Monster of the Week: Cthulhu


Cthulhu rises in "Necronomicon: Book of the Dead" Image courtesy Bart Mixon

There's a lot of misinformation out there about Cthulhu.

While most commentators tend to focus on the "dead god" aspects of this remarkable creature, only director Christophe Gans and creature effects wizard Bart Mixon have chosen to focus on the purely biological aspects of this tentacled leviathan.

(Image courtesy Bart Mixon)

As revealed in the 1993 Lovecraft anthology film "Necronomicon: Book of the Dead," hoary Cthulhu employs an ingenuously deceptive means of capturing human prey. It sends up a long tentacle with a specialized tip disguised as a nude, human female.

This pesudo-sapien lure, pictured above right, even speaks and makes sexual advances toward its prey -- the perfect means of snaring lonely sailors and melancholy brooders.

Natural World Analogs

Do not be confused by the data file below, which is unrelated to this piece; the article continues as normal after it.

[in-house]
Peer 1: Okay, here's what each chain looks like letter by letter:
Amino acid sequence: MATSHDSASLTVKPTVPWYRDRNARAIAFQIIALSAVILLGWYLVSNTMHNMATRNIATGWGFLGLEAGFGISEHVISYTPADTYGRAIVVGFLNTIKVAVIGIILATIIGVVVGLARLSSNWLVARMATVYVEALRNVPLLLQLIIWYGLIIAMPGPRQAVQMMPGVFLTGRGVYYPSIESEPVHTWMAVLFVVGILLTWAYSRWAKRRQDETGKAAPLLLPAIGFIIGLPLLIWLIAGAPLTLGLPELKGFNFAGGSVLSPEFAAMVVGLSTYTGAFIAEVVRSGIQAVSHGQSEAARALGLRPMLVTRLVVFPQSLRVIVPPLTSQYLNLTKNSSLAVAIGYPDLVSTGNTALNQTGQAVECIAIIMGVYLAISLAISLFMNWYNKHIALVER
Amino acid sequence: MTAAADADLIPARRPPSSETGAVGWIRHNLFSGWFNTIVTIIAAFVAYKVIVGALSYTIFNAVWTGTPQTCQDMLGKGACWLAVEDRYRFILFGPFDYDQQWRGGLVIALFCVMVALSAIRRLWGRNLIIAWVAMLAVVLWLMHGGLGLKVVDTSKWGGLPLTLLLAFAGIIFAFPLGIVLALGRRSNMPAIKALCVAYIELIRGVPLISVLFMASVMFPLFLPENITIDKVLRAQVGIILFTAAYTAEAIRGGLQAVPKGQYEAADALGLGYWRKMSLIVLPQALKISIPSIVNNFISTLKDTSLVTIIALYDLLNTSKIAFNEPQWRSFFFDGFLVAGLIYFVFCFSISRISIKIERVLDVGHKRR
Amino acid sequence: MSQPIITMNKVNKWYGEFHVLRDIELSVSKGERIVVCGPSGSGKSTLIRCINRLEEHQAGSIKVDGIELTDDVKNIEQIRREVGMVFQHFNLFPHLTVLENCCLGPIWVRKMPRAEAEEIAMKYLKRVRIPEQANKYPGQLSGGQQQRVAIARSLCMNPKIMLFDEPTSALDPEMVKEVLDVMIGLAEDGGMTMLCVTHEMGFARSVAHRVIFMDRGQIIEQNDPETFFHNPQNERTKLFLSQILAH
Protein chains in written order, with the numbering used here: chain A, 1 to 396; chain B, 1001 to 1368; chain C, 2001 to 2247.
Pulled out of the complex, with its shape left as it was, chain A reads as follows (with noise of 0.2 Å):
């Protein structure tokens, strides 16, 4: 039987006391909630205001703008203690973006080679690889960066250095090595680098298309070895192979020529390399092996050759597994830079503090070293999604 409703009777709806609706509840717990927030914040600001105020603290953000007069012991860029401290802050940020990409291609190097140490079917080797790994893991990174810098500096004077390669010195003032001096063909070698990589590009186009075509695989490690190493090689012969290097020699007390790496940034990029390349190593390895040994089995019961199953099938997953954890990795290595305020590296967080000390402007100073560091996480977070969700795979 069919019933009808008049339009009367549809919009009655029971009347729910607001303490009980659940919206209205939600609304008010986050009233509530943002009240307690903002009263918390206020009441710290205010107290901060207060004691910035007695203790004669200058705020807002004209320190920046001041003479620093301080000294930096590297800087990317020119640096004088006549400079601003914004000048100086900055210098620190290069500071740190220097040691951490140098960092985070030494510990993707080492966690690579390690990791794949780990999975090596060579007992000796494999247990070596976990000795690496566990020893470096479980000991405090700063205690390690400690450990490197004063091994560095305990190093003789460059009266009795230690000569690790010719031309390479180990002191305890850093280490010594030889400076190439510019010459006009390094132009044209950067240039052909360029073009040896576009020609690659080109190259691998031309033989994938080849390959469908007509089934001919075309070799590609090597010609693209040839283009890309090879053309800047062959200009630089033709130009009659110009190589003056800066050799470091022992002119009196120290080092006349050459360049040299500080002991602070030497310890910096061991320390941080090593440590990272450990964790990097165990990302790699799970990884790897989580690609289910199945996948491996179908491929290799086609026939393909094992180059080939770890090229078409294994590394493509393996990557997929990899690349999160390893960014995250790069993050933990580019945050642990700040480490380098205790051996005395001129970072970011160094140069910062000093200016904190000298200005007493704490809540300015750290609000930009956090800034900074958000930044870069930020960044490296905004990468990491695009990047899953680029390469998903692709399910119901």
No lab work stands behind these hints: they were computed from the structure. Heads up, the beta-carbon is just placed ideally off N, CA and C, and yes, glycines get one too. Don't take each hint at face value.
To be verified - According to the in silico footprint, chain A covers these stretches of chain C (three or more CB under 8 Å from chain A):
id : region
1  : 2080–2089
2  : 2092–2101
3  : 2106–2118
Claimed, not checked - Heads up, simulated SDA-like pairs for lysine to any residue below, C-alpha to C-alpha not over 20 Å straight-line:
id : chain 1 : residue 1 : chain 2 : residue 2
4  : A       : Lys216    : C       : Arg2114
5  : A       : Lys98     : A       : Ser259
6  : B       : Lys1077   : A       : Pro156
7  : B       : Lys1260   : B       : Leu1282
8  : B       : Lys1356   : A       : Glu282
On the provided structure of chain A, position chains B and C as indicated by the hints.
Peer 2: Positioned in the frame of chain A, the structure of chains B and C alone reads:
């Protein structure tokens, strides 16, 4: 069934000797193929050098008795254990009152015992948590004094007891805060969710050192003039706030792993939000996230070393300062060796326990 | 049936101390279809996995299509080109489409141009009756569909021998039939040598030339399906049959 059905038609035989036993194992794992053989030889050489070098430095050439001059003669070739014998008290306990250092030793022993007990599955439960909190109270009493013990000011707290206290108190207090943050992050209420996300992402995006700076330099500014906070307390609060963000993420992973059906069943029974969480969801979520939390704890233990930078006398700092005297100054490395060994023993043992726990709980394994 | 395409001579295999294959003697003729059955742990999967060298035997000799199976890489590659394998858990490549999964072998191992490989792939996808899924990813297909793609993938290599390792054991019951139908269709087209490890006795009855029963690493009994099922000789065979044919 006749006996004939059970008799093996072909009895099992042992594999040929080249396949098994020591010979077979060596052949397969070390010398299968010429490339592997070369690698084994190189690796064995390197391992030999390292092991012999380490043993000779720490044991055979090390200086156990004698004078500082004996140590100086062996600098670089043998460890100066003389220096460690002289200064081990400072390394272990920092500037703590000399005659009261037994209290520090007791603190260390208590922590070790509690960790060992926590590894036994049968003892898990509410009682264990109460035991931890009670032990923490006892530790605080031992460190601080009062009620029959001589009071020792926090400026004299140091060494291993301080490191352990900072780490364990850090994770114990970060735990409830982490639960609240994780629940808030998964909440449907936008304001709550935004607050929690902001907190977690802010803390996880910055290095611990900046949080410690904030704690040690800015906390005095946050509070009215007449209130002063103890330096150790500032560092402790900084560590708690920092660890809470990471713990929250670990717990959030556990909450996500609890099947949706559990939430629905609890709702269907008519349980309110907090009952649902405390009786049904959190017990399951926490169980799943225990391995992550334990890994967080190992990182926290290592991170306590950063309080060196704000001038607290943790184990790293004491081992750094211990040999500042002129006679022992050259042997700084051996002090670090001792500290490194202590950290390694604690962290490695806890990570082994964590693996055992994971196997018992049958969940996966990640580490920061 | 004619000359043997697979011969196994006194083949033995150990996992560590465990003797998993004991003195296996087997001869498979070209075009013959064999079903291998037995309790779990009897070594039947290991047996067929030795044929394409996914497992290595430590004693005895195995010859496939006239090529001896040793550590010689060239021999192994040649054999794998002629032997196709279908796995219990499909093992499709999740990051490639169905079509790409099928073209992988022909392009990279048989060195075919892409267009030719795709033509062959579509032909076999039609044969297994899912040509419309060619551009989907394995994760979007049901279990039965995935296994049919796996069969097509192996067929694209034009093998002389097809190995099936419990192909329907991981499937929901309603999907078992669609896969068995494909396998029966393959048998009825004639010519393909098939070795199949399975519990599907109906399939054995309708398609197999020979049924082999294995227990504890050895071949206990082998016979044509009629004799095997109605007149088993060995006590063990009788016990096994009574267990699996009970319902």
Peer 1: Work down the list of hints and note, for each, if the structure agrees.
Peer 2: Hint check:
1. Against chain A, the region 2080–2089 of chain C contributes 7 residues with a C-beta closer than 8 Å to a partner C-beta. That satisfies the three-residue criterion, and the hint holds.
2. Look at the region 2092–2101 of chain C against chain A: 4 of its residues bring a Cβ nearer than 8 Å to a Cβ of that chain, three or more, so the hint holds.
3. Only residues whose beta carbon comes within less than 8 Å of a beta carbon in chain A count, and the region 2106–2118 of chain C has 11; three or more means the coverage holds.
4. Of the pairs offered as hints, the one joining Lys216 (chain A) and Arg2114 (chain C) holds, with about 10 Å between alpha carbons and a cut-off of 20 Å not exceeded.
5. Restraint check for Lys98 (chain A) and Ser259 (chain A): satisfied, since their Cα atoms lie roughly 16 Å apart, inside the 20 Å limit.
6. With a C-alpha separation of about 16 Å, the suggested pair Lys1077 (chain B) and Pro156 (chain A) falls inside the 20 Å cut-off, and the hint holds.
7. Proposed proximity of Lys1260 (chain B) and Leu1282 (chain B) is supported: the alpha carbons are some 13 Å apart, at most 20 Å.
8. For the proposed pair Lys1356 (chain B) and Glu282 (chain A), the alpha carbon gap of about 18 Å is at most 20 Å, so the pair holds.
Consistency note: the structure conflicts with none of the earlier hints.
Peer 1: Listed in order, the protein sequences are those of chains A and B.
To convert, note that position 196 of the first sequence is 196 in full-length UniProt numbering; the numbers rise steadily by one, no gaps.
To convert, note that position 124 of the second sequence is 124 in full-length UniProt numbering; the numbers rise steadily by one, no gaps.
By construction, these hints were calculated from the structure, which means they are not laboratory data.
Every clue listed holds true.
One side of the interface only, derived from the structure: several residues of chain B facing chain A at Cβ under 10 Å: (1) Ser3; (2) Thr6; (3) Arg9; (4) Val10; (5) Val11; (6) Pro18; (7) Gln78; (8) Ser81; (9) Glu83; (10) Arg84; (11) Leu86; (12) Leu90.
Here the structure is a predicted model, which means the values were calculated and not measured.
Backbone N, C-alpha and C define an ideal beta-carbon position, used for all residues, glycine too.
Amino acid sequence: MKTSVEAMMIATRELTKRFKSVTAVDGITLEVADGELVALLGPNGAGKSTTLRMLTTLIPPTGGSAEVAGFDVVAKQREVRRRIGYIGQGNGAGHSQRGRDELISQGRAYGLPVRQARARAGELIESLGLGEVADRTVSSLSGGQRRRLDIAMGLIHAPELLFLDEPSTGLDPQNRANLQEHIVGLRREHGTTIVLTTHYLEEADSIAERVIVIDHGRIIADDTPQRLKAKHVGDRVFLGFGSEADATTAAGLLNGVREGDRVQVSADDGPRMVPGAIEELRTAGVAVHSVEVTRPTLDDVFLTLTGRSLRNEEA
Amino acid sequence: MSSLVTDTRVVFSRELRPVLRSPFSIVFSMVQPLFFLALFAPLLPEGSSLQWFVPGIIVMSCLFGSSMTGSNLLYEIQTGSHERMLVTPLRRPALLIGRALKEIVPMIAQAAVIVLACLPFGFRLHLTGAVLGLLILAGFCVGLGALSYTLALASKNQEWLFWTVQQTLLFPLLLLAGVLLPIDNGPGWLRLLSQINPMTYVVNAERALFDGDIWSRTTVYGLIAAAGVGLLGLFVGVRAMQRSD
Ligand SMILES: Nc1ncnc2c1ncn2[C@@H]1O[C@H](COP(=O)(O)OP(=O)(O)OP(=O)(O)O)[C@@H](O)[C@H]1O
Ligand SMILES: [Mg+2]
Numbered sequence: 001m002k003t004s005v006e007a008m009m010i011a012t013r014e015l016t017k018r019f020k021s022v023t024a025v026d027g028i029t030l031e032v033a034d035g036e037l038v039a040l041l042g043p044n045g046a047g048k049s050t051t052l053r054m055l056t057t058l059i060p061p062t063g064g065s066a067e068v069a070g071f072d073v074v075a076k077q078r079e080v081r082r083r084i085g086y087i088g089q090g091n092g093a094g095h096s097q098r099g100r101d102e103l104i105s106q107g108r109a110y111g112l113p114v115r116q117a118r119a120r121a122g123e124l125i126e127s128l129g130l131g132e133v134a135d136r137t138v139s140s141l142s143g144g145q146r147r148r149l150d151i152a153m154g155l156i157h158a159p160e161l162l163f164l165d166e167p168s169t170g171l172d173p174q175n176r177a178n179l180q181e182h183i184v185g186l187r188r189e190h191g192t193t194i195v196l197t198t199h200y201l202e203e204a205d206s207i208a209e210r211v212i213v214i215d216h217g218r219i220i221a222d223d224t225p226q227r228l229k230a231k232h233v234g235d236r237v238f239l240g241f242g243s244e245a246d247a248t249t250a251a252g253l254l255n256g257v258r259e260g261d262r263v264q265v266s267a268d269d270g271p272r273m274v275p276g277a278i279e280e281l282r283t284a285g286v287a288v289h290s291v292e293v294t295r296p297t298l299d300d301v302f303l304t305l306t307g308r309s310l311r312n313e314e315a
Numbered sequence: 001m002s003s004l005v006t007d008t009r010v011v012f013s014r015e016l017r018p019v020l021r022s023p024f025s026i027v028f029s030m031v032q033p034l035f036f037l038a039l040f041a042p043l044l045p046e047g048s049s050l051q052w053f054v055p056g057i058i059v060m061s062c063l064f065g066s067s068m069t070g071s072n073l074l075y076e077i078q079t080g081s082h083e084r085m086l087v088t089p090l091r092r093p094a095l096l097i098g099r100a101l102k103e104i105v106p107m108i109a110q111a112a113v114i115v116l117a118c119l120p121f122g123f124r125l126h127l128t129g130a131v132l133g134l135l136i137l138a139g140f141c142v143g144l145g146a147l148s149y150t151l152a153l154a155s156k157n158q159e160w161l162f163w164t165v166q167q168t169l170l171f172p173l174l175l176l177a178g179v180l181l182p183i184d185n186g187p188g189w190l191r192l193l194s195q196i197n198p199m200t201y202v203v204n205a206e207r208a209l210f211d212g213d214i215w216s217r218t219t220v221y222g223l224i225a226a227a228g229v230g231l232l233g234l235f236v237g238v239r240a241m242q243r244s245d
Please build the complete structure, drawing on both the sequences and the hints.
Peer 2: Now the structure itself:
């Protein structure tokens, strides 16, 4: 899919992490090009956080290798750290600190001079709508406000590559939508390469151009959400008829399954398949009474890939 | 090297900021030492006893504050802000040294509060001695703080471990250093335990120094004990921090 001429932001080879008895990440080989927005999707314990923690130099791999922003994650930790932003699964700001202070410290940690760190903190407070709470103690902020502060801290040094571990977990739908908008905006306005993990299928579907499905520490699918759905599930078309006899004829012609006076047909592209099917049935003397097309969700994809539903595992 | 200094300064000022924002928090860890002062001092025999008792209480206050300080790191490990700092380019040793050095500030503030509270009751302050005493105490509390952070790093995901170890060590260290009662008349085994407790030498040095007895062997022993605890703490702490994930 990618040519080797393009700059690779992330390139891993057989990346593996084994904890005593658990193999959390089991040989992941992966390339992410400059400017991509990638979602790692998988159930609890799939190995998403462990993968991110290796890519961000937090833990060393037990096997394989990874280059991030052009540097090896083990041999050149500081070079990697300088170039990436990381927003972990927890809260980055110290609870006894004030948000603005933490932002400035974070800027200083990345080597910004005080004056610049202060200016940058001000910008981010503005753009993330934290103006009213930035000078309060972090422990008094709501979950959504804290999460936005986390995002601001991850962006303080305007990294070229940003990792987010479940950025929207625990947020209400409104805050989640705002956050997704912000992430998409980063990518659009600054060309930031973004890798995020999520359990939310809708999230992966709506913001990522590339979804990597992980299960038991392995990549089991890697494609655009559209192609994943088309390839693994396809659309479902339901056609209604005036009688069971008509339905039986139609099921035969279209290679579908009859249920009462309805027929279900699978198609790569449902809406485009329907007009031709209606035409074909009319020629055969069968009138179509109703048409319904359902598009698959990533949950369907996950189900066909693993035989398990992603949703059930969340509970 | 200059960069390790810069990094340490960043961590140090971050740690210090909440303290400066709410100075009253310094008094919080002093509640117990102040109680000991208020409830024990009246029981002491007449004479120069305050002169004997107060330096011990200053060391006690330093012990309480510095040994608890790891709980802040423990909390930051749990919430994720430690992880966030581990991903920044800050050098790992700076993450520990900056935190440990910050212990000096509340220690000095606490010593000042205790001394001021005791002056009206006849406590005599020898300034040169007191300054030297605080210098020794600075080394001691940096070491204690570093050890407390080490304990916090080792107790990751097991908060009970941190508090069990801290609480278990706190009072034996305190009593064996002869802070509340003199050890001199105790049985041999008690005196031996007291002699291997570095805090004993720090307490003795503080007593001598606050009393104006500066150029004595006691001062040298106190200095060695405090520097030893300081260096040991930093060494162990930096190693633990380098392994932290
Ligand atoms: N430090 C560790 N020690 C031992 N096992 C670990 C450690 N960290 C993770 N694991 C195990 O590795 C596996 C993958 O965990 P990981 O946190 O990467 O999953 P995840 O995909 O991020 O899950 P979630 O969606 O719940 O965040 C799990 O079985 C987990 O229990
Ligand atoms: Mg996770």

While Cthulhu's lady-tentacle is certainly more animate than anything in nature, there are organisms in the natural world known to flaunt a bit of bate as well. For starters, consider the spider-tailed horned viper, which wiggles its bizarre tail to lure in spider-hungry birds. Let's see it in action:

And then there's the alligator snapping turtle and the pseudo-annelid lure on its tongue. The wiggling, worm-shaped bit of flesh draws fish into the turtle's jaws, and then that's all she wrote.

But even these superstars of aggressive mimicry have nothing on the tentacled one. Let's see the dark one in action:

Monster of the Week is a - you guessed it - regular look at the denizens is of our monster-haunted world. In some of these, we'll look at the possible science behind a creature of myth, movie or legend.


About the Author: Robert Lamb spent his childhood reading books and staring into the woods — first in Newfoundland, Canada and then in rural Tennessee. There was also a long stretch in which he was terrified of alien abduction. He earned a degree in creative writing. He taught high school and then attended journalism school. He wrote for the smallest of small-town newspapers before finally becoming a full-time science writer and podcaster. He’s currently a senior writer at HowStuffWorks and has co-hosted the science podcast Stuff to Blow Your Mind since its inception in 2010. In his spare time, he enjoys traveling with his wife Bonnie, discussing dinosaurs with his son Bastian and crafting the occasional work of fiction.